2020 Volume 129 Issue 5 Pages 591-610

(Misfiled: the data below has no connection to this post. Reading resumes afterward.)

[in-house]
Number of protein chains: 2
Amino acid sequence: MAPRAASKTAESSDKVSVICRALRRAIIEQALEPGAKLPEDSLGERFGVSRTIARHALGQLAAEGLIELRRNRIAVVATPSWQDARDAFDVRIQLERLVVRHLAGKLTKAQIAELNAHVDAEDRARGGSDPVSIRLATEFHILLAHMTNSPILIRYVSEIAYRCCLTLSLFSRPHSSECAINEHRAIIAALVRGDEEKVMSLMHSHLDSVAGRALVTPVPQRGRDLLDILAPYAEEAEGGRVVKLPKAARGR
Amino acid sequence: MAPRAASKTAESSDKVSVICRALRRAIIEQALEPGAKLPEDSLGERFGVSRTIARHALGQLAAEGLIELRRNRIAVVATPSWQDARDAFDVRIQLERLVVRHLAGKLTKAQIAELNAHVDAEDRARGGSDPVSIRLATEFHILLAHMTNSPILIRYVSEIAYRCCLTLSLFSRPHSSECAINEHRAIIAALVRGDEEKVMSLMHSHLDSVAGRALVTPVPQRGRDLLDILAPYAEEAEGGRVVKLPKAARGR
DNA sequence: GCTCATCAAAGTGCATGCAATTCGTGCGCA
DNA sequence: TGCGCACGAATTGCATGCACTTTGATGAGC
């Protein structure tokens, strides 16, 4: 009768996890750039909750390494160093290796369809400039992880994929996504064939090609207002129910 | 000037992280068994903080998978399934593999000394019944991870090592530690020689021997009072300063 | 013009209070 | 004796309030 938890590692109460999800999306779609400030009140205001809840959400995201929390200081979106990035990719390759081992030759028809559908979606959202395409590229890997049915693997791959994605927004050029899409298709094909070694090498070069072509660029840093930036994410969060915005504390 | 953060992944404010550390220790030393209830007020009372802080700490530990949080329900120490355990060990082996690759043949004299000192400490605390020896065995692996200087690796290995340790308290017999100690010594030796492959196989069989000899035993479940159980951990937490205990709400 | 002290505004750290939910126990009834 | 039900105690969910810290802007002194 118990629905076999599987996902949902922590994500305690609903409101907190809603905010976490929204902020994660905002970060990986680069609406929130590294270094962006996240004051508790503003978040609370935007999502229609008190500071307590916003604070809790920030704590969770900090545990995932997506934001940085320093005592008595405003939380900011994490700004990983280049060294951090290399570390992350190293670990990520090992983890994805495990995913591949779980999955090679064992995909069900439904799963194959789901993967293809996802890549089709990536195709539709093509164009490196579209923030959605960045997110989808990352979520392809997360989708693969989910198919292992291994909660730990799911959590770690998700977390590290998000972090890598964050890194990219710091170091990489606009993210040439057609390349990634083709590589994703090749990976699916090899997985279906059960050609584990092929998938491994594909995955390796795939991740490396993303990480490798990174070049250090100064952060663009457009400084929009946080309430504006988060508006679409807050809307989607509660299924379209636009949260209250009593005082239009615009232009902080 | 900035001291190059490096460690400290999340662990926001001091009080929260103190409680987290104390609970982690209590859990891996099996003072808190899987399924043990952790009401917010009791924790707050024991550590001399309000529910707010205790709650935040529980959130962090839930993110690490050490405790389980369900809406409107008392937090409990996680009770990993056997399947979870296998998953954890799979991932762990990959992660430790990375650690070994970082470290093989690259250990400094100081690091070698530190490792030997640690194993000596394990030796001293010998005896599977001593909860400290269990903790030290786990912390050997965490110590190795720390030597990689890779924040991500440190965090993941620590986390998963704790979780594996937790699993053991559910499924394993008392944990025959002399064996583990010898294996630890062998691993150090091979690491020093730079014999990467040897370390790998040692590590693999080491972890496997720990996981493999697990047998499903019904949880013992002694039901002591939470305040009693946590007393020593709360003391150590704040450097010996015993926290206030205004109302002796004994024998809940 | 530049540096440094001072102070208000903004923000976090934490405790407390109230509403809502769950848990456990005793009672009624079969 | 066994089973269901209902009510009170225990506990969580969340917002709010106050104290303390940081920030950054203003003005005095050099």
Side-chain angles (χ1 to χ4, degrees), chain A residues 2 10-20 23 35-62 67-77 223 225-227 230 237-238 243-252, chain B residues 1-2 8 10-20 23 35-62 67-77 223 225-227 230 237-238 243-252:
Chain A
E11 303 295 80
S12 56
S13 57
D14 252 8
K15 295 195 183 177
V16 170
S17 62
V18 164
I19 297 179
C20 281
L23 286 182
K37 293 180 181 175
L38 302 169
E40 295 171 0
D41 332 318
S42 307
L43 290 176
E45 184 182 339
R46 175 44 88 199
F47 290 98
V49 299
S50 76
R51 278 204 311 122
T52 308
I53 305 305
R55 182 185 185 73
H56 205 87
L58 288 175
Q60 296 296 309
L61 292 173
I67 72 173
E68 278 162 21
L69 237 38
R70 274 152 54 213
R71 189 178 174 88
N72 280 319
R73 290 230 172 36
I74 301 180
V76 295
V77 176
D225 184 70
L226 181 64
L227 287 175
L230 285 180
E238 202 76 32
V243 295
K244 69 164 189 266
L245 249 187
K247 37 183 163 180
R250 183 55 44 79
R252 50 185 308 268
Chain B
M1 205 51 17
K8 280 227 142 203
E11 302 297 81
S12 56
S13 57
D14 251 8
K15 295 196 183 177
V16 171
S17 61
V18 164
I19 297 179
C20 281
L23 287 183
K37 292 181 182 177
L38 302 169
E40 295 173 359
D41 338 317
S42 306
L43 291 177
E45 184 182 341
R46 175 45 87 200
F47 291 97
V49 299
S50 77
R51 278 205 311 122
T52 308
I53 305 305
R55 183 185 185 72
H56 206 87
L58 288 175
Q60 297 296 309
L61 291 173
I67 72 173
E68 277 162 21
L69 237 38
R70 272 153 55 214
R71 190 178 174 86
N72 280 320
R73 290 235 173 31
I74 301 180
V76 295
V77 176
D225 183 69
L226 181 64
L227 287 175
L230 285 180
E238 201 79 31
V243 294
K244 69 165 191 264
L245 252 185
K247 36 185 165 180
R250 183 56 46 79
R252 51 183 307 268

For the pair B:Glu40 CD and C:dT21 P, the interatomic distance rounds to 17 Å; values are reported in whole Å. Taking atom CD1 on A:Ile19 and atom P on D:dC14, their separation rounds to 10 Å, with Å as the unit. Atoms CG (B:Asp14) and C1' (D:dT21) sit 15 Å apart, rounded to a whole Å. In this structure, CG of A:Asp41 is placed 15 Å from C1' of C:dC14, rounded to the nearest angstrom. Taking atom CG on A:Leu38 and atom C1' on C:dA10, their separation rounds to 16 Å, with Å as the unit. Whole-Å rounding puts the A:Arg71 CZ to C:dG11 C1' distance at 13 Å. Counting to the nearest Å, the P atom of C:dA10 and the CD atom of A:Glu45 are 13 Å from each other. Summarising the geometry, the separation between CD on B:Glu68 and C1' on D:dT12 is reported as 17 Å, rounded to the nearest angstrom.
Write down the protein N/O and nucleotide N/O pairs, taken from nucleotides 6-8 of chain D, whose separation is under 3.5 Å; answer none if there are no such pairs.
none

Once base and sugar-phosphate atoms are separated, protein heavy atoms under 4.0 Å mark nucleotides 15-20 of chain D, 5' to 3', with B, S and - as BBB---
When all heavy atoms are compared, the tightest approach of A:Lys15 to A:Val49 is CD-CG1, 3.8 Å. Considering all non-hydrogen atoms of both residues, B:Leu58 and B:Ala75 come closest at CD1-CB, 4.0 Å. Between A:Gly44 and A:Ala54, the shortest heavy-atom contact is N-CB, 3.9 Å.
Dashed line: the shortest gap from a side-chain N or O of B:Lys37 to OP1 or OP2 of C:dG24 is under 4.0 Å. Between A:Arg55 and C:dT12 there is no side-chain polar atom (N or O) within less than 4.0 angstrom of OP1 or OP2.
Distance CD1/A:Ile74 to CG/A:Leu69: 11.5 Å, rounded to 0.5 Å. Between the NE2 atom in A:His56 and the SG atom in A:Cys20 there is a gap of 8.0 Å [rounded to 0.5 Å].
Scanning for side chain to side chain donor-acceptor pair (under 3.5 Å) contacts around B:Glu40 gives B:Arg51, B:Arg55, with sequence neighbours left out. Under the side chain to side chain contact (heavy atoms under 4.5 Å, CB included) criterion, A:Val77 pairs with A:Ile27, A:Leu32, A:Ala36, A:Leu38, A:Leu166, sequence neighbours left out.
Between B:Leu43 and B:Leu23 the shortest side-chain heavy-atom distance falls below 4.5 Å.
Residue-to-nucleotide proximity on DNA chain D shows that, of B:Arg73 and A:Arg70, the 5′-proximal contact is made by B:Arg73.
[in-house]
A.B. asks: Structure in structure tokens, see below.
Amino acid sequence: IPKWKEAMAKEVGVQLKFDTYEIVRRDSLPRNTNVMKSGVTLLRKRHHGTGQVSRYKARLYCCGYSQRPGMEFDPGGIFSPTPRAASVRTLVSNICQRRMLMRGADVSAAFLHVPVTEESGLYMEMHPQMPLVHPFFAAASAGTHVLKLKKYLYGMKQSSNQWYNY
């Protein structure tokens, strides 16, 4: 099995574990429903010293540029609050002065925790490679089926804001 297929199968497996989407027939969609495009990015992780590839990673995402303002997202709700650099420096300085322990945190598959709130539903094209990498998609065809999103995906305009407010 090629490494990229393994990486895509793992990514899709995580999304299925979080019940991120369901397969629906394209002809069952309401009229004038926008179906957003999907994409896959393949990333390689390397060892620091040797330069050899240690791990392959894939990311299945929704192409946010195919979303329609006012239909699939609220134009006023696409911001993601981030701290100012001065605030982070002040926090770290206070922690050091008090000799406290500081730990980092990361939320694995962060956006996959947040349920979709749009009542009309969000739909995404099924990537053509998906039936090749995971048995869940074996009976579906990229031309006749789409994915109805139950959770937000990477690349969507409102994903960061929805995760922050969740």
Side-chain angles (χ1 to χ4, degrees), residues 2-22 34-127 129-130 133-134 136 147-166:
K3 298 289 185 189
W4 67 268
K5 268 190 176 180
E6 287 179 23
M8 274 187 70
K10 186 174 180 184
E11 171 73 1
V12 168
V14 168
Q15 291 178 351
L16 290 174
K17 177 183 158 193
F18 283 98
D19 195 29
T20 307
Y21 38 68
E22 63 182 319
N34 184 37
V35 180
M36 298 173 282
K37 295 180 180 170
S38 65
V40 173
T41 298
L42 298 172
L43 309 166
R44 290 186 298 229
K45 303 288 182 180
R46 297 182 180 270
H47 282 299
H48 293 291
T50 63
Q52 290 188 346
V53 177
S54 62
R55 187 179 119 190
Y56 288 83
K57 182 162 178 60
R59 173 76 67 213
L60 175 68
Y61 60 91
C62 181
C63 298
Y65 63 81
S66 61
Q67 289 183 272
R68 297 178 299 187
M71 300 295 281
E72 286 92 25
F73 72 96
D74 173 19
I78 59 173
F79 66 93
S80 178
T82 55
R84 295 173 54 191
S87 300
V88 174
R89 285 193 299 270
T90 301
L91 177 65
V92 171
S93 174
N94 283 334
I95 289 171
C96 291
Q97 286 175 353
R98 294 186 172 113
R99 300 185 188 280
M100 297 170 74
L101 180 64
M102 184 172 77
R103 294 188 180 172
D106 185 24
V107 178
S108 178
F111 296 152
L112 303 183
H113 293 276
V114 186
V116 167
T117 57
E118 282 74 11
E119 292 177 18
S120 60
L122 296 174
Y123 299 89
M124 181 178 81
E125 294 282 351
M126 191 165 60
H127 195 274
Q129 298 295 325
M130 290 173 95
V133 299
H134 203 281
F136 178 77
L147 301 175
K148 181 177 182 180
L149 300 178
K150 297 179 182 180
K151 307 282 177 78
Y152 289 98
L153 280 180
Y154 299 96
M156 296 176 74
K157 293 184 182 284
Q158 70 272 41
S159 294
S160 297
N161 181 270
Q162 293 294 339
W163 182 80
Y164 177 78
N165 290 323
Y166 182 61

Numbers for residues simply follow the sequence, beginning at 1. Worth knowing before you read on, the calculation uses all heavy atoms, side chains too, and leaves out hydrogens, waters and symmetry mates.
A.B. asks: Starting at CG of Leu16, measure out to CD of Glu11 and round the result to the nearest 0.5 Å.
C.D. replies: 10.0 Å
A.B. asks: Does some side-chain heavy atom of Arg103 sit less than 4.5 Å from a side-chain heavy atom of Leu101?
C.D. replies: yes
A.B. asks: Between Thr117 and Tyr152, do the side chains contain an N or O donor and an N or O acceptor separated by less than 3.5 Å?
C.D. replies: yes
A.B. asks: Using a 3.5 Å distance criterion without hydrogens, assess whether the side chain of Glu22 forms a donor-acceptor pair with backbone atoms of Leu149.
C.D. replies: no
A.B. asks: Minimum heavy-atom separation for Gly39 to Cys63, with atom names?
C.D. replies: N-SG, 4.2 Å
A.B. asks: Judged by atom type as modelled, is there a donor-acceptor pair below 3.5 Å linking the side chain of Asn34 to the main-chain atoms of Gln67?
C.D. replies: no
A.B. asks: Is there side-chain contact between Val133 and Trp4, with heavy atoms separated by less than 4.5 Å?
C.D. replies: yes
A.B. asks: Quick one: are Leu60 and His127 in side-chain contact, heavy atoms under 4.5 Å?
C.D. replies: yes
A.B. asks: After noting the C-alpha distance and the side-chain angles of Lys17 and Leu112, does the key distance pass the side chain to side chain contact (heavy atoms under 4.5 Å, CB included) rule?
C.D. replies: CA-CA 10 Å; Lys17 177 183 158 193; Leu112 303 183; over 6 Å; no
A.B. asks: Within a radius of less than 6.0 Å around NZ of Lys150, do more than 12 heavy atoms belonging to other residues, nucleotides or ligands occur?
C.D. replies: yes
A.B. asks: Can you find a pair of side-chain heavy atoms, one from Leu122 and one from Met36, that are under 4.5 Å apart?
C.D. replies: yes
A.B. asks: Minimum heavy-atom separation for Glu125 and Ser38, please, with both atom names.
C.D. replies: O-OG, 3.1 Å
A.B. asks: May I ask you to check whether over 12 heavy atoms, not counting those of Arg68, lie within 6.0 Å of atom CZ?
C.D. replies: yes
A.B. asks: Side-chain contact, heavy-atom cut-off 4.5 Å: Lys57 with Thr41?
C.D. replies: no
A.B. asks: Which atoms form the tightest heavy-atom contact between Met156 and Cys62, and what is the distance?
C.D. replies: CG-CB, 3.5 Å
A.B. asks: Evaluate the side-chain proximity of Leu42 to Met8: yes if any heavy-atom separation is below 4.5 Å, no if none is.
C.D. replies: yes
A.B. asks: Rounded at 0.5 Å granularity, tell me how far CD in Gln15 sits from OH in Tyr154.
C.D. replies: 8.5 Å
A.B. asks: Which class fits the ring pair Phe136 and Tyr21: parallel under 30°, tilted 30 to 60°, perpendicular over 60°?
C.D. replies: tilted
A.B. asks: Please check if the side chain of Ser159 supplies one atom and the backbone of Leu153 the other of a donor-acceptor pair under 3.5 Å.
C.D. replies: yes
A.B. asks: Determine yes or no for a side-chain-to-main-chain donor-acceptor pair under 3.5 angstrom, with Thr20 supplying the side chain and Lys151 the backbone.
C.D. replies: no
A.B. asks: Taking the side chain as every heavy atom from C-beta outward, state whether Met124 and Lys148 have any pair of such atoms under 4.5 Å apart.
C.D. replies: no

The Antarctic Ice Sheet (AIS) is one of the largest potential contributors to future sea-level changes. Recently, an acceleration of AIS volume loss through basal melting and iceberg calving has been reported based on several studies using satellite observations, including radar altimetry, interferometer, and gravity measurements. A recent model that couples ice sheet and climate dynamics and incorporates hydrofracturing mechanism of buttressing ice shelves predicts a higher sea-level rise scenario for the next 500 years. However, the calibration and reproducibility of the sea-level rise projection from these models relies on geological sea-level reconstructions of past warm intervals. This suggests that a highly reliable reconstruction of the past AIS is essential for evaluating its stability and anticipating its contribution to future sea-level rise. In particular, a relative sea-level reconstruction in East Antarctica is the key to solving the problems and refining future projections. The current understanding of sea-level change along the East Antarctic margin is reviewed, including Glacial Isostatic Adjustment (GIA) effects, and a new strategy is proposed to address this topic based on seamless sediment coring from marine to lake in the East Antarctic margin. This project will provide essential data on AIS change since the last interglacial period.